Doing More With Less (Diabetes screening)

As explored in Week 4, public health organizations at the local, state or regional, and governmental levels provide services to and/or engage with many community members. This week, you explore how leaders and managers work within public health departments seek to fund all of the many programs and initiatives they provide, from immunizations to surveillance for communicable and infectious diseases to screenings and food safety and inspections. Leading and managing such responsibilities is no small feat, especially in an environment of fiscal scarcity. Public health services, like most public services, are almost always provided within a financially constrained environment, one that is vulnerable to economic shifts. With limited funds come many choices: Focus on prevention or promotion? If cuts are needed, what should go first? Facilities improvements? Salaries? Personnel? Supplies? Programs themselves?

In the course text, Shi and Johnson (2014) define public health finance as “A field of study that examines the acquisition, utilization, and management of resources for the delivery of public health functions and the impact of these resources on population health and the public health system” (p. 181). Thus, the skillset involved in obtaining funds (acquisition) is absolutely critical to public health leadership. Obtaining funds without the context around what funds are needed, why, and how funding will address specific community health problems is a hollow task, however. Public health leaders need to be well versed in budgeting, applying strategies for funding, and analyzing variations in public health funding. Fortunately, tools exist that aid in the process of determining funding and devising strategies for funding.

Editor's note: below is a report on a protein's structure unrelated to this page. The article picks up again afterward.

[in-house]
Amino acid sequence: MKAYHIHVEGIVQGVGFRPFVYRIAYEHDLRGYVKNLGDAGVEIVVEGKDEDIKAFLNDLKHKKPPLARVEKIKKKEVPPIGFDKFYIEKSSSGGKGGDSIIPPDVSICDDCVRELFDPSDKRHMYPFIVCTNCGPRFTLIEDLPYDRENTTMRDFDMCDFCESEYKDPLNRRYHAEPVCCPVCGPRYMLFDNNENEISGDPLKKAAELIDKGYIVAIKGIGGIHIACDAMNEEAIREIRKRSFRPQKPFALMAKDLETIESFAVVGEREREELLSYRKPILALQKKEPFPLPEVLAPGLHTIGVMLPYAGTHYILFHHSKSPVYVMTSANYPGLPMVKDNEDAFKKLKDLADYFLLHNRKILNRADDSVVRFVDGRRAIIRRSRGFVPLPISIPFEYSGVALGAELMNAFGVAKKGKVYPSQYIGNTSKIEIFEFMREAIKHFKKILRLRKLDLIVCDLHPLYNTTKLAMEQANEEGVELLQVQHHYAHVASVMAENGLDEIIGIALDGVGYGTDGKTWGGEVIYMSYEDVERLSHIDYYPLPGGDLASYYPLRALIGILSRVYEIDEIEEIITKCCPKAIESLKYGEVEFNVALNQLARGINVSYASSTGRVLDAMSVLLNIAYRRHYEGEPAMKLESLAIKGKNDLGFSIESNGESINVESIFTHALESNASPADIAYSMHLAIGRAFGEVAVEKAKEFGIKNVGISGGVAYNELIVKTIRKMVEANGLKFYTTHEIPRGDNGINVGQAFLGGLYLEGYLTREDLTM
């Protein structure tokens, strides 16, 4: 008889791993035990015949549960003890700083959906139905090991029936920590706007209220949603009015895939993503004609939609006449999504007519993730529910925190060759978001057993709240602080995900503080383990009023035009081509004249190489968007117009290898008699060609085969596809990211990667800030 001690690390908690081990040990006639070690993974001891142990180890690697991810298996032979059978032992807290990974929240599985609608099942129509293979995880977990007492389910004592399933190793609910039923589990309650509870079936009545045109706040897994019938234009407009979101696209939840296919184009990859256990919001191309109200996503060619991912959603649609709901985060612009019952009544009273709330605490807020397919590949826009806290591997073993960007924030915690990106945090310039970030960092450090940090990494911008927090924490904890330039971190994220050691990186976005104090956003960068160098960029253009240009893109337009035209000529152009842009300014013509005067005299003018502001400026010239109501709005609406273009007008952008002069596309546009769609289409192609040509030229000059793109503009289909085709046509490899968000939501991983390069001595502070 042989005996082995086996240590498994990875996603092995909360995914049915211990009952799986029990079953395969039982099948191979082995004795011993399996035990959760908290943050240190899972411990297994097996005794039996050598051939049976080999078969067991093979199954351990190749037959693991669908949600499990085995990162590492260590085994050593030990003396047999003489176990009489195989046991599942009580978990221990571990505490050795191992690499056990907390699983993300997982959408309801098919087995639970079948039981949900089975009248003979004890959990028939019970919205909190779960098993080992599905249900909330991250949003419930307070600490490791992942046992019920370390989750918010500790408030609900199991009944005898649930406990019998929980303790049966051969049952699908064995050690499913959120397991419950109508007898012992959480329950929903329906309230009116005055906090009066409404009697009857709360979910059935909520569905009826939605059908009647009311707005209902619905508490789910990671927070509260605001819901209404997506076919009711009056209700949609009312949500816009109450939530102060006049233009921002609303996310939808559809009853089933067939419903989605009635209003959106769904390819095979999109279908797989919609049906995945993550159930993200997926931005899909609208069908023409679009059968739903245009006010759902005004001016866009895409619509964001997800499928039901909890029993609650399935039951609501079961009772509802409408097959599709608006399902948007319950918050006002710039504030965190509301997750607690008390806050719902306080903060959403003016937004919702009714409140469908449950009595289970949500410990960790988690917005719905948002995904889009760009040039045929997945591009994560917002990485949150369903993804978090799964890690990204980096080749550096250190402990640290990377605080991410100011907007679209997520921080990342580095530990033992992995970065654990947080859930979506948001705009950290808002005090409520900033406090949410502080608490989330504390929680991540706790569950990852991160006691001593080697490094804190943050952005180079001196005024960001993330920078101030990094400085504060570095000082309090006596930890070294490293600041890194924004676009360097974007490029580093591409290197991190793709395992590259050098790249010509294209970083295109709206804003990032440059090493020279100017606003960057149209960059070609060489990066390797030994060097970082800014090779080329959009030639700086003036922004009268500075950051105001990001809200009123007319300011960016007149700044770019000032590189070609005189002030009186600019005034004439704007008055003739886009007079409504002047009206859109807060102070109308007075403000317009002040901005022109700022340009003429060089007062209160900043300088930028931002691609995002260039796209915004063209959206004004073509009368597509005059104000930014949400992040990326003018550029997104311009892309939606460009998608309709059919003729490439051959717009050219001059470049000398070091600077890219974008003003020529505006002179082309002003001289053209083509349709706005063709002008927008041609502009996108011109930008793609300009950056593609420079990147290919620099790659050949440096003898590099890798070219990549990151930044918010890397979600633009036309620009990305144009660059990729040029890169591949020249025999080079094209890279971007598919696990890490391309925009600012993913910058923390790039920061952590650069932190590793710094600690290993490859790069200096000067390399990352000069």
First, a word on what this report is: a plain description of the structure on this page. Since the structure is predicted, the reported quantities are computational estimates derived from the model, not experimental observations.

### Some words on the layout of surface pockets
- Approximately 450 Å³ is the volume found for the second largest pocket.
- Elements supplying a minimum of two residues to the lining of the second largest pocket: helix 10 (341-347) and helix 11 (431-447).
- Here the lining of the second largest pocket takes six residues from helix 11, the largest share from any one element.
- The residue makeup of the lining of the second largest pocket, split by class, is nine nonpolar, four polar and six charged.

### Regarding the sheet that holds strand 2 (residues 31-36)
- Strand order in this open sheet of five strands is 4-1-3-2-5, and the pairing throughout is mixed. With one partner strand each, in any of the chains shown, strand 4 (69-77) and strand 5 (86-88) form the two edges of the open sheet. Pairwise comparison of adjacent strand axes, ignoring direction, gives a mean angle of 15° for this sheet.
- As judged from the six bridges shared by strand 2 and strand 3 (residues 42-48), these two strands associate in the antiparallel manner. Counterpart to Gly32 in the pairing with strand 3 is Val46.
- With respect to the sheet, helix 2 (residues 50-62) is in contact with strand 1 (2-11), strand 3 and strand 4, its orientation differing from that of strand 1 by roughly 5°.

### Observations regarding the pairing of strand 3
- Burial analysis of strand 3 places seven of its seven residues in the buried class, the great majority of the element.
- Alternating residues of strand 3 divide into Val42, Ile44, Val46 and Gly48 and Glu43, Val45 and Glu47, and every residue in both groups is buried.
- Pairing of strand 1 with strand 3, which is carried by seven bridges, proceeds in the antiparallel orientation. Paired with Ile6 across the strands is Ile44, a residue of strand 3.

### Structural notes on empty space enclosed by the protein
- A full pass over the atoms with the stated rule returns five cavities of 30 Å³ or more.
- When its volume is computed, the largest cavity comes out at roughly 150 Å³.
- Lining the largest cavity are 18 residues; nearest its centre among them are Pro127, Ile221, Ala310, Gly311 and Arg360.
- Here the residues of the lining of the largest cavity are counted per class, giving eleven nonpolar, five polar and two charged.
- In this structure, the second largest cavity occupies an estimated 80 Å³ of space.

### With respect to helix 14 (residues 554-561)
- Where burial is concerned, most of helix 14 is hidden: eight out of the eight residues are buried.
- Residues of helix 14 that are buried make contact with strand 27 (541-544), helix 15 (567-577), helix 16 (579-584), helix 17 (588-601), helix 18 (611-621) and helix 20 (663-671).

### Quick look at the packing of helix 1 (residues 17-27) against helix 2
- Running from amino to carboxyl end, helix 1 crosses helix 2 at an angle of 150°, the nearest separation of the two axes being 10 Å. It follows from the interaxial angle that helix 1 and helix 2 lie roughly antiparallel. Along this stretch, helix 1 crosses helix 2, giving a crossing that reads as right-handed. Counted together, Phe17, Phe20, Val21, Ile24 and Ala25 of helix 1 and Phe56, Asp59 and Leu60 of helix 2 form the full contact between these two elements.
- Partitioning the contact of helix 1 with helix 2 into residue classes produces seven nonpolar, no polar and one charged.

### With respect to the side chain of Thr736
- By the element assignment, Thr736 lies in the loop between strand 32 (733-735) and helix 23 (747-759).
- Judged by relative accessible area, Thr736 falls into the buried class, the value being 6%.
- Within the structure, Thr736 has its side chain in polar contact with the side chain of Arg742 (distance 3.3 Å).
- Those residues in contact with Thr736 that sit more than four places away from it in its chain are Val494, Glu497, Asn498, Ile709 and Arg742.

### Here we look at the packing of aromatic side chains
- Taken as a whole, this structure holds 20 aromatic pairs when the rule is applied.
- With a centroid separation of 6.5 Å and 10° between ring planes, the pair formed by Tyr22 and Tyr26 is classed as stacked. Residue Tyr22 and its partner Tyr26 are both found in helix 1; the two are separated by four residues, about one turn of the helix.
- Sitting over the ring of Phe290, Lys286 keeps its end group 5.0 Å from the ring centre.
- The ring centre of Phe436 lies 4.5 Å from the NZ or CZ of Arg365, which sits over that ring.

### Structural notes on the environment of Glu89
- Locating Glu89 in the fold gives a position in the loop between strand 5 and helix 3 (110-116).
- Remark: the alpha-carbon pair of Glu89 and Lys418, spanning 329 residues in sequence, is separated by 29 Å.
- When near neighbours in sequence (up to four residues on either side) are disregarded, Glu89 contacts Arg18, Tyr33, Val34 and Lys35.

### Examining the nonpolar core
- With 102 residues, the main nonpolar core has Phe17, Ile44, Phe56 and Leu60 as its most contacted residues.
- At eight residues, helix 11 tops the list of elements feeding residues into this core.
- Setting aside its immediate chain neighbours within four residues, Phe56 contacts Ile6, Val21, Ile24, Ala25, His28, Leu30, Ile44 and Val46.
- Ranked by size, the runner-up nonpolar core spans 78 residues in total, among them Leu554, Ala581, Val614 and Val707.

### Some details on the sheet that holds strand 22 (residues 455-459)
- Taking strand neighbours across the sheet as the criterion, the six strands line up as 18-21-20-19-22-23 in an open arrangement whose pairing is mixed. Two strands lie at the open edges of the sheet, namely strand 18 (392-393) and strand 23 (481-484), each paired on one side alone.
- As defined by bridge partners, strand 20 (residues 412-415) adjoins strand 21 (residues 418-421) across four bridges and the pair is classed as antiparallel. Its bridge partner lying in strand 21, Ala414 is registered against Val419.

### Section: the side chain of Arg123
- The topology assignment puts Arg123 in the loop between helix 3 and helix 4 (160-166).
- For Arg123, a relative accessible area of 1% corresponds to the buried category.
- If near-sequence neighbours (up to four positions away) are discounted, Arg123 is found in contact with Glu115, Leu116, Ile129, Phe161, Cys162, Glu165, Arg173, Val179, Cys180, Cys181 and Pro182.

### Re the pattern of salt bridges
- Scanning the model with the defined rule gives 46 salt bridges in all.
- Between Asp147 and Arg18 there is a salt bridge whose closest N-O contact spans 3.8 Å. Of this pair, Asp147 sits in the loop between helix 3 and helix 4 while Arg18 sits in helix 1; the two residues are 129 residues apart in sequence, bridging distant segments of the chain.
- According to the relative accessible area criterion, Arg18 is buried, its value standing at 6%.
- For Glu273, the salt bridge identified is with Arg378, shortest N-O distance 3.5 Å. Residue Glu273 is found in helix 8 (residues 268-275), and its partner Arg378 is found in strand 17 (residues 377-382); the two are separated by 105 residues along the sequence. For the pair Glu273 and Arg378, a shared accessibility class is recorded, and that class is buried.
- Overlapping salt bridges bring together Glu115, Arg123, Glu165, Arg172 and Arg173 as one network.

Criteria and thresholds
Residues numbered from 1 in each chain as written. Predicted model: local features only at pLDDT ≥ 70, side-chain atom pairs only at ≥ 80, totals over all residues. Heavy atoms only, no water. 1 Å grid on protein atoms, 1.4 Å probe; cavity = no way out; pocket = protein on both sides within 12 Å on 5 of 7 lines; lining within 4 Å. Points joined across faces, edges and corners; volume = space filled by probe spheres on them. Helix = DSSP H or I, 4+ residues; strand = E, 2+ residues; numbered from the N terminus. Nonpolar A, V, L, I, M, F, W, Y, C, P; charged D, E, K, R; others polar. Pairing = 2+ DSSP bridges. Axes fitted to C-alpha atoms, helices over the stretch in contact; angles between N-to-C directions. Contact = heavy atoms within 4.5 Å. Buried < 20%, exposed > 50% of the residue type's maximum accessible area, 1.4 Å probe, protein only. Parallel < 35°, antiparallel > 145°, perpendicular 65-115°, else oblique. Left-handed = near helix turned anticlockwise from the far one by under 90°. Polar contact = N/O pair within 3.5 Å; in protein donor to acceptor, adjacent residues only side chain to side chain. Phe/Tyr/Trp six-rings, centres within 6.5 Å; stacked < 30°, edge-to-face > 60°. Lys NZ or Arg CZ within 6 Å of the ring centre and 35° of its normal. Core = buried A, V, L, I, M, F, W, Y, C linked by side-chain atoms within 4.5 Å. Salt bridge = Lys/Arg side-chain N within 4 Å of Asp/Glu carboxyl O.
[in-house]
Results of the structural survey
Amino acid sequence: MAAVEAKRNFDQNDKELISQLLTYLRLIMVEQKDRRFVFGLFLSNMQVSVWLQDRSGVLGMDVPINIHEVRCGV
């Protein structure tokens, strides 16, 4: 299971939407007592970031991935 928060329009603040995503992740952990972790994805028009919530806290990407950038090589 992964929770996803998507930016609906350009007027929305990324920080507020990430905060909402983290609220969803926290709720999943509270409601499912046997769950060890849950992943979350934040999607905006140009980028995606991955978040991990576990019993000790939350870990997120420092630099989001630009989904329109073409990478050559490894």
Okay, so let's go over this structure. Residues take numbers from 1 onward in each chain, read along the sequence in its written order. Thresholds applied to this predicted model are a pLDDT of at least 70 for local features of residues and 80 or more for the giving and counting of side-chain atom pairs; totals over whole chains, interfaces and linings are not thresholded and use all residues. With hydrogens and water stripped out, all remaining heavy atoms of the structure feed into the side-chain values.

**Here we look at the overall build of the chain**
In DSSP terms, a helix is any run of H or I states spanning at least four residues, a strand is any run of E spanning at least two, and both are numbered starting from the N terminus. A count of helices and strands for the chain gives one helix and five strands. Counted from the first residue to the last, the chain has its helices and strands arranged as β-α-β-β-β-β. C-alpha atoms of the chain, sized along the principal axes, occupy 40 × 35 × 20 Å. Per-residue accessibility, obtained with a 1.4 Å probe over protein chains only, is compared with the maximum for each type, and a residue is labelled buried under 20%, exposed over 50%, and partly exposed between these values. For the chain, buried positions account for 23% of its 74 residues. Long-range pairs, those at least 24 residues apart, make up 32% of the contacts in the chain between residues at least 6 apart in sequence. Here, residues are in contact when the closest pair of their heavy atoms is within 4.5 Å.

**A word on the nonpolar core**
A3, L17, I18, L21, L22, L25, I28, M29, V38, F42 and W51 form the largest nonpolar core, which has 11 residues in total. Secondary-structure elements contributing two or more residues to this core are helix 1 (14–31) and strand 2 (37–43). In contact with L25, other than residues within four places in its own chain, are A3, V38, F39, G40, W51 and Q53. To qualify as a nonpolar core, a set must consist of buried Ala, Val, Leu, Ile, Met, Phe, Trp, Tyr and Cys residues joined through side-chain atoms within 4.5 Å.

For this week’s Assignment, review the budget worksheet provided in the Weekly Resources. In addition, in the media titled “Public Health Finance”, reflect on the insights a finance director from the Howard County Health Department provides regarding challenges and strategies related to funding programs.

With the budget worksheet in mind, review the Learning Resources. Research other resources providing information on funding public health initiatives. Access the national websites to search for funding for public health and other initiatives: Explore your state, local, and regional health-related funding organizations’ websites. Research these organizations’ targeted grant opportunities.

The Assignment (2–3 pages including a budget worksheet):

  • Part I: Explain the funding issues related to your selected public health project or service related to your Final Project. Include an explanation of whether these issues are long- or short-term, how urgent, and which stakeholders might be most affected (1–1.5 pages).
  • Part II: Based on the Learning Resources and your research, as well as the information included in the budget worksheet, recommend some potential funding sources and explain why you recommend them. In your explanation, include variations in funding and how these variations influenced your decision making (1–1.5 pages). 
  • Part III: Complete the budget worksheet provided indicating the funding opportunities and costs related to the chosen project. 

    *Please copy and paste the budget worksheet as an appendix to create one single document for Parts I-III.  

Complete and submit your Assignment (including the budget worksheet in the appendix) by Day 7.


  • Shi, L., & Johnson, J. A. (2014). Novick and Morrow’s public health administration: Principles for population-based management (3rd ed.). Sudbury, MA: Jones & Bartlett Learning.
    • Chapter 9, “Public Health Finance” (pp. 181–199)
  • (n.d.). About Retrieved October 6, 2014, from
  • Johnson, T. D. (2014). Prevention and public health fund paying off in communities: Success threatened by cuts to fund. Retrieved from
  • Public Health Finance and Management. (n.d.). Retrieved October 6, 2014, from
  • Suarez, V., Lesneski, C., & Denison, D. (2011). Making the case for using financial indicators in local public health agencies.American Journal of Public Health, 101(3), 419–425.Retrieved from the Walden Library databases.
  • U.S. Department of Health and Human Services. (2014). Grants/funding. Retrieved from

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